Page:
Fri | Dec 2, 2022

Manchester centenarians credit organic food, simplicity, to long life

Published:Friday | November 12, 2021 | 12:06 AMTamara Bailey/Gleaner Writer
Ida Holness-Melbourne is happy to be 104 years old and living in Manchester.
Ida Holness-Melbourne is happy to be 104 years old and living in Manchester.
Adolphus Nembhard, 102 year old Manchester resident.
Adolphus Nembhard, 102 year old Manchester resident.
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NOT ONLY is Manchester known for its salubrious climate and as the parish ideal for retirees, but it now boasts the highest number of individuals who have lived beyond 100 years old.

With 25 centenarians listed on a release from the National Council for Senior Citizens, the parish, according to the long livers, remains the ideal place to live a stress-free life, and even has more than the stated number of centenarians listed.

Ida Holness-Melbourne, a 104-year-old from Top Greenvale in the parish, whose name was not listed, said there is no parish that she loves as much as Manchester, though there are a few that come in a close second.

“I was born in Huntley, Manchester, and then I left and went to Mandeville. I then left to England, then Canada, then New York (US), and after a while I went to Florida (US), and decided to come back to Jamaica; and I have been living in Greenvale ever since.”

Describing her youthful days as active and filled with meaningful work, Holness-Melbourne attributes her attentiveness to being well read and surrounded by nature.

LOVE FOR PARISH

“I love everything about this parish because I love nature, the scenes, and I love going to my home church. My parents grew me well here, and it’s the same way I tried to grow my children ... . I have three, but two died,” she said.

Much like Holness-Melbourne, 102-year-old Adolphus Nembhard from Hanbury district in the parish, said the parish granted him the privilege of living a life he would could not have had in the city.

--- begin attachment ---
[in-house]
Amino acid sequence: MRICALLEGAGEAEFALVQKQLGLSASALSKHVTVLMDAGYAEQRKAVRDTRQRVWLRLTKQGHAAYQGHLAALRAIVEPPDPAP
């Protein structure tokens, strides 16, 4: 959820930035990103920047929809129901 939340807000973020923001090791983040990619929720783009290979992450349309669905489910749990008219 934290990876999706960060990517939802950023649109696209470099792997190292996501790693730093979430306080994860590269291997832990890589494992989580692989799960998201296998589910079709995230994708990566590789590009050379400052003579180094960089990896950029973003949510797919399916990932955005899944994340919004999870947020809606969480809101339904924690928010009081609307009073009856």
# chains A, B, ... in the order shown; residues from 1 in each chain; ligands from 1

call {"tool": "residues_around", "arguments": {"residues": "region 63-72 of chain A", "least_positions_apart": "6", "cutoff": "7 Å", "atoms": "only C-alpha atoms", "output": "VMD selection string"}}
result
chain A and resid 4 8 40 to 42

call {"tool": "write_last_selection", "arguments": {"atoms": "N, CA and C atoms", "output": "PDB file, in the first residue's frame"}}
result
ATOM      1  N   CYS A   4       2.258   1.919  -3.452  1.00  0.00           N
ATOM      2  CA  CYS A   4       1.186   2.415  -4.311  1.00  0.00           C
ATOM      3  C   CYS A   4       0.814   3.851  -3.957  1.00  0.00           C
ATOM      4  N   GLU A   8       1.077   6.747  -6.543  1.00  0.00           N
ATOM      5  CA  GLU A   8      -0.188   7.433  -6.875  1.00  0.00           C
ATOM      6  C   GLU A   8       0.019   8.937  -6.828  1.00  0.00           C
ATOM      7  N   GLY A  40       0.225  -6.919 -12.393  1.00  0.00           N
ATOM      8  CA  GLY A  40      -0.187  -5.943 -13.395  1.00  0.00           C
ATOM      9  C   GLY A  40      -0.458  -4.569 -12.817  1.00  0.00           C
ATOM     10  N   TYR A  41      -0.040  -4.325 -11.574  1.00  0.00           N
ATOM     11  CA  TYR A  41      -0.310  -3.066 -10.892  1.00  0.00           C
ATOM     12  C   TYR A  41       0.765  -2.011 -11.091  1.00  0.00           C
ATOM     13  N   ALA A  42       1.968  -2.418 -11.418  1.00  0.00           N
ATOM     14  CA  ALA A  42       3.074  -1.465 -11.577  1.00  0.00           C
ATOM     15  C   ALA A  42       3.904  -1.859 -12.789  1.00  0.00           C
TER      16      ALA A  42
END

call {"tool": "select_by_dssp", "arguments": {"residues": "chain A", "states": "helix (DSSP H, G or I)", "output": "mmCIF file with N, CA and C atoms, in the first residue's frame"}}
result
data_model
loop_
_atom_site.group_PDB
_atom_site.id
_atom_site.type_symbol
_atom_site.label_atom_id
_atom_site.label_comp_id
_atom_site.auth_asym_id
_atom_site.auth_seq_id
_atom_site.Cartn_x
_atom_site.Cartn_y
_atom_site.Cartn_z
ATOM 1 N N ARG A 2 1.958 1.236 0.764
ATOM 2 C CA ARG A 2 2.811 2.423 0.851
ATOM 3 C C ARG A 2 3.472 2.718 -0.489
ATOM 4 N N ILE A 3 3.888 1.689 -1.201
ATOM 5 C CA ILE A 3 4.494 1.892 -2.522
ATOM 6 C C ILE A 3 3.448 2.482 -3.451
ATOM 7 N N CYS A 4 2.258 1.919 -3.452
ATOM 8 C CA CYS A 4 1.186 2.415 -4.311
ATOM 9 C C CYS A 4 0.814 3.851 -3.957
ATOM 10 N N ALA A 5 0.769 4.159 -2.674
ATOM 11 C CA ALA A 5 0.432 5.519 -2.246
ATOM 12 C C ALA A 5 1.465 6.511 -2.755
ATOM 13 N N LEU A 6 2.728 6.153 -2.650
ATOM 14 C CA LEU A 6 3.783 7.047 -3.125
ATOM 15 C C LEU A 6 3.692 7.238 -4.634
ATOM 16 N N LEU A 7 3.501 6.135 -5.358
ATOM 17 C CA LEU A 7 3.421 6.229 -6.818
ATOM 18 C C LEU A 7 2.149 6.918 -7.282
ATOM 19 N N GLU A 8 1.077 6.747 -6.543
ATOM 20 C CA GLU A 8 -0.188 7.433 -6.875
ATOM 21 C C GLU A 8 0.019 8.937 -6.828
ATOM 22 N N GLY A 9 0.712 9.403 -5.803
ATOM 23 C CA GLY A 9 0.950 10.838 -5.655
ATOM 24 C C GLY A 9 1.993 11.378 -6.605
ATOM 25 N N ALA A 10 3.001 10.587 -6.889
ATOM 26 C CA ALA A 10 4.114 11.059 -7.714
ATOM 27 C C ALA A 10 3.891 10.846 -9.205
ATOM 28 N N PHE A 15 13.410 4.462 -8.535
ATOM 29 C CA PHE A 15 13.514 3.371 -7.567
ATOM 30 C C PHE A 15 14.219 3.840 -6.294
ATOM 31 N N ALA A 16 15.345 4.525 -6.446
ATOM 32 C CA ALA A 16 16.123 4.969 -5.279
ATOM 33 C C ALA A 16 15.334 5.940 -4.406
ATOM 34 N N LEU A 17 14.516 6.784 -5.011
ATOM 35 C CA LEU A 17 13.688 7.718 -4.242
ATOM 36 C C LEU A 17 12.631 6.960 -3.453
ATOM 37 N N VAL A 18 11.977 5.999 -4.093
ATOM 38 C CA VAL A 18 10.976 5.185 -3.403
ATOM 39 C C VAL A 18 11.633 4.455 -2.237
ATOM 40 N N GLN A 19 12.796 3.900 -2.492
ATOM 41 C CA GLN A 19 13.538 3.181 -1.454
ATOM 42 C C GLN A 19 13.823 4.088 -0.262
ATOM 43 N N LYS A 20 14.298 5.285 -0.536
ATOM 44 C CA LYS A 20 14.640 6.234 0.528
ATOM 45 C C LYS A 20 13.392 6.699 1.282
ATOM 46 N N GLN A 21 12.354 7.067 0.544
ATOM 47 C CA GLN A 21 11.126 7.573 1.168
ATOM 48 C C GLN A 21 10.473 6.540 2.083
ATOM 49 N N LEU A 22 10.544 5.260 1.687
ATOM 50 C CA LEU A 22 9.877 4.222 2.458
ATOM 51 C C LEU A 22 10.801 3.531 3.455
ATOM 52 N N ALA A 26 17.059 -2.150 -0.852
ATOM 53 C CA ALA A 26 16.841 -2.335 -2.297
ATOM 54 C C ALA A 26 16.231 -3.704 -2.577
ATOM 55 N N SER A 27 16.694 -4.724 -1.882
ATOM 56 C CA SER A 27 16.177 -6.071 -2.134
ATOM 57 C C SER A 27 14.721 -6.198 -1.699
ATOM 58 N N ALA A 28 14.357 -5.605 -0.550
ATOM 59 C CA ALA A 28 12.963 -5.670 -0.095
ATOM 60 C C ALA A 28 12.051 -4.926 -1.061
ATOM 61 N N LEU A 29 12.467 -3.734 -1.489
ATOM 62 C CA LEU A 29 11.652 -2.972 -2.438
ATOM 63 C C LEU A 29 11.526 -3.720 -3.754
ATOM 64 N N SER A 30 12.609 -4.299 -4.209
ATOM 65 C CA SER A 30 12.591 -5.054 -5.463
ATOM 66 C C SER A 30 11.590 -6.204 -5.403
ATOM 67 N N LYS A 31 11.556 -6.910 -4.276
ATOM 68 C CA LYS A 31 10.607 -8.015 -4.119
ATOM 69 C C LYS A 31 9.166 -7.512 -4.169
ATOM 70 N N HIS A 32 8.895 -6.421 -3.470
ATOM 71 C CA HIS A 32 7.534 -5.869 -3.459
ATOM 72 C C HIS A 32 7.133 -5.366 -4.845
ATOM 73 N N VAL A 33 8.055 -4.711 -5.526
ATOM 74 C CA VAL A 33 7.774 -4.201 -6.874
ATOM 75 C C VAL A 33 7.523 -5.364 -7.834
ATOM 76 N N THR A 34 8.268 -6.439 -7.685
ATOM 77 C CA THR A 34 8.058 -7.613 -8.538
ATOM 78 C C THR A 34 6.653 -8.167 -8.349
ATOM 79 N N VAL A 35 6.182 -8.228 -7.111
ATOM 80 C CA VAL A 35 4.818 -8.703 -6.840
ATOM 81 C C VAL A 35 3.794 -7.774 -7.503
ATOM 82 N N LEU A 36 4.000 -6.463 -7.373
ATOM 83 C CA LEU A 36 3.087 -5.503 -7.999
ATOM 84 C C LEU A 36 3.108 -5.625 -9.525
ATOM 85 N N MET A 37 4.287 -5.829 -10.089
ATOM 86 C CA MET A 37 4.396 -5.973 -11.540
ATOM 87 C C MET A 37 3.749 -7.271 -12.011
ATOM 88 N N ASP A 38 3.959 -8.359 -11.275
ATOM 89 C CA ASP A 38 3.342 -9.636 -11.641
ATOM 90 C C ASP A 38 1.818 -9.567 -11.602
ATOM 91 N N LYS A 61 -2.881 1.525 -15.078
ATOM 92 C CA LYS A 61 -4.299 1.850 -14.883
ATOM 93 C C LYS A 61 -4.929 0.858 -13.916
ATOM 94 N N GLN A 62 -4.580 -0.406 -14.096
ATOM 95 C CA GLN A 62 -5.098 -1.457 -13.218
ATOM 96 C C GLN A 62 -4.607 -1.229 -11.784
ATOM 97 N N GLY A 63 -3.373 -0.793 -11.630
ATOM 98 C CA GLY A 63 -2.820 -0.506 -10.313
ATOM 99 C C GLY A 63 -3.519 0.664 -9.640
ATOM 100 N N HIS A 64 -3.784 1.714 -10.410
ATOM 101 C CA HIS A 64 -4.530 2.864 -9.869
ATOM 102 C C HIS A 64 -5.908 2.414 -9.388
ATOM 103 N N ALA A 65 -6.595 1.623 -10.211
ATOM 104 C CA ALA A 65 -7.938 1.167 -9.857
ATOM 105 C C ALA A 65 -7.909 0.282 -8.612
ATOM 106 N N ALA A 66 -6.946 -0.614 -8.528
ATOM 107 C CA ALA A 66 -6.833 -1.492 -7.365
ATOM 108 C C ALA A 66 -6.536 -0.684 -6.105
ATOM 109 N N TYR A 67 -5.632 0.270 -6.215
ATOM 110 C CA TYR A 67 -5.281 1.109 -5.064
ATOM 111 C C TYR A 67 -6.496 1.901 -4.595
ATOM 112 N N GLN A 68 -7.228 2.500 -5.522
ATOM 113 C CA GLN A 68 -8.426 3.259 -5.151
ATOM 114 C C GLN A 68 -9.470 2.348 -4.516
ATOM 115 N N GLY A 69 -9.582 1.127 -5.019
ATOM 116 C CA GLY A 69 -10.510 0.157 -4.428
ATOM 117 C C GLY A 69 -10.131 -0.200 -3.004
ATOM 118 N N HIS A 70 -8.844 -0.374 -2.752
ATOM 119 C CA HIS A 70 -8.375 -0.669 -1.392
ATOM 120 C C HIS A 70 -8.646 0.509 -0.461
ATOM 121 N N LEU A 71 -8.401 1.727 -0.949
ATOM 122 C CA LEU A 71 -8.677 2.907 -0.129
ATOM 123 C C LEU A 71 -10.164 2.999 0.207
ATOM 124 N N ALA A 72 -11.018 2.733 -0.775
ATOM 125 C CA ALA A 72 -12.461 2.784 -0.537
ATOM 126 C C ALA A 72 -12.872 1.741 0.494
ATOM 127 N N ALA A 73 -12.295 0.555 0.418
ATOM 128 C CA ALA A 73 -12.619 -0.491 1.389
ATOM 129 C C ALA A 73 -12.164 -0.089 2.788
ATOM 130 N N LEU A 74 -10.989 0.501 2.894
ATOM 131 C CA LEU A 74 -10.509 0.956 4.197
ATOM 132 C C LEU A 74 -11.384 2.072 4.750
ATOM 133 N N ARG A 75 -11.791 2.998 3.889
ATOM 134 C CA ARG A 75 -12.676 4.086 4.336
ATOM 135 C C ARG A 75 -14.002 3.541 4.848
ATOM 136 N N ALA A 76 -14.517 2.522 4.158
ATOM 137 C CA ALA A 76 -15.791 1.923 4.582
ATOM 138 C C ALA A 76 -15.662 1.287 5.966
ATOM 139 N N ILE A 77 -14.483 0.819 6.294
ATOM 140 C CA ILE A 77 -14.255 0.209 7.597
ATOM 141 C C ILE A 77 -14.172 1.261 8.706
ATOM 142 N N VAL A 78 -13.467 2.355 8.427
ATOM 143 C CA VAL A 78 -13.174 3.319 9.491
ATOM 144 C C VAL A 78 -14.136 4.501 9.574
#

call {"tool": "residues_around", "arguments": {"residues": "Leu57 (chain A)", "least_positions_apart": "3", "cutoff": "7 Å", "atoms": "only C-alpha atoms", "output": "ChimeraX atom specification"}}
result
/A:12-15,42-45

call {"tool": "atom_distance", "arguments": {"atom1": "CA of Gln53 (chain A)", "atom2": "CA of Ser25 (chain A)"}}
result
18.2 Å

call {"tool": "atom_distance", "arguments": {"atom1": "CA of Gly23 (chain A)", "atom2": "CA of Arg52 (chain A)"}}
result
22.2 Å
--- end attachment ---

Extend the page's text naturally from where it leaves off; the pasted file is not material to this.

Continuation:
Having worked as a painter and farmer to sustain his 12 children (two deceased), Nembhard believes his long life is as a result of the organic foods he consumes and his strong Christian values.

“I worked very hard. I worked the ground, and from it I ate Potato, yam, pumpkin, cho-cho, okra and beetroot. I only eat chicken now and again. I only have a shoulder pain, but I have no serious illnesses. Manchester has treated me very well, and I love where I am now”

According to his eldest daughter, Pauline Nembhard-Dwyer, and eldest granddaughter, Judith Marshall, Nembhard is the oldest living member of the Mandeville Seventh-day Adventist Church. He also allowed his property to be used for the tent meeting that started the church decades ago.

In corroboration with scientific research that suggests a strong correlation with long life and healthy lifestyle practices, Nurse Lyn Kennedy-McKenzie of Ken’s Health Care, who cares for the elderly and had first-hand experience with caring for a centenarian, revealed that a healthy lifestyle will not only help people to live longer, but have a higher quality of life.

PLANT-BASED DIET

Kennedy-McKenzie, who cared for her father, who lived to 104 years old before passing in 2019, told The Gleaner that his diet was heavily plant-based, and his life had a balance of physical, intellectual, mental and spiritual nourishment.

“These centenarians are people who live in nature, with nature. They were active, they ate organic foods, and they supported each other, as they had similar woes and used creative ways to get through. My father, months before his death, would still be able to get on a taxi and go into Mandeville. He would be up in the morning and dressed for the day; and his bed was made and his bathroom was tidy. He would go to the study and read, and then get ready for family worship. He would go out for his walk and then return and have breakfast ... .”

She added: “His nutrition was strong. He had his fruit and vegetable smoothies made from what we planted, and the only sugar he had was a little honey from our own beekeeping and honey business. You couldn’t give him a main meal without a salad, and I am convinced that is what kept him alert. It is important that we eat the foods that supply the micronutrients the body needs. If we are eating the wrong things for [a] bellyfull , later, dementia and ill-health will take us out.”

Through an initiative that began in 2019, the custos of the parish, Garfield Green, said he has been able to honour centenarians across the parish with a message from the governor general and personalised cards from the Queen.

Despite a pause as a result of the pandemic, he said this is an initiative he hopes to continue.

“For someone to become a centenarian, it is a significant milestone worthy of being celebrated … . Manchester is retirement parish and, more importantly, a farming parish, and I really believe that the activity and what they eat keep these people alive.”

tamara.bailey@gleanerjm.com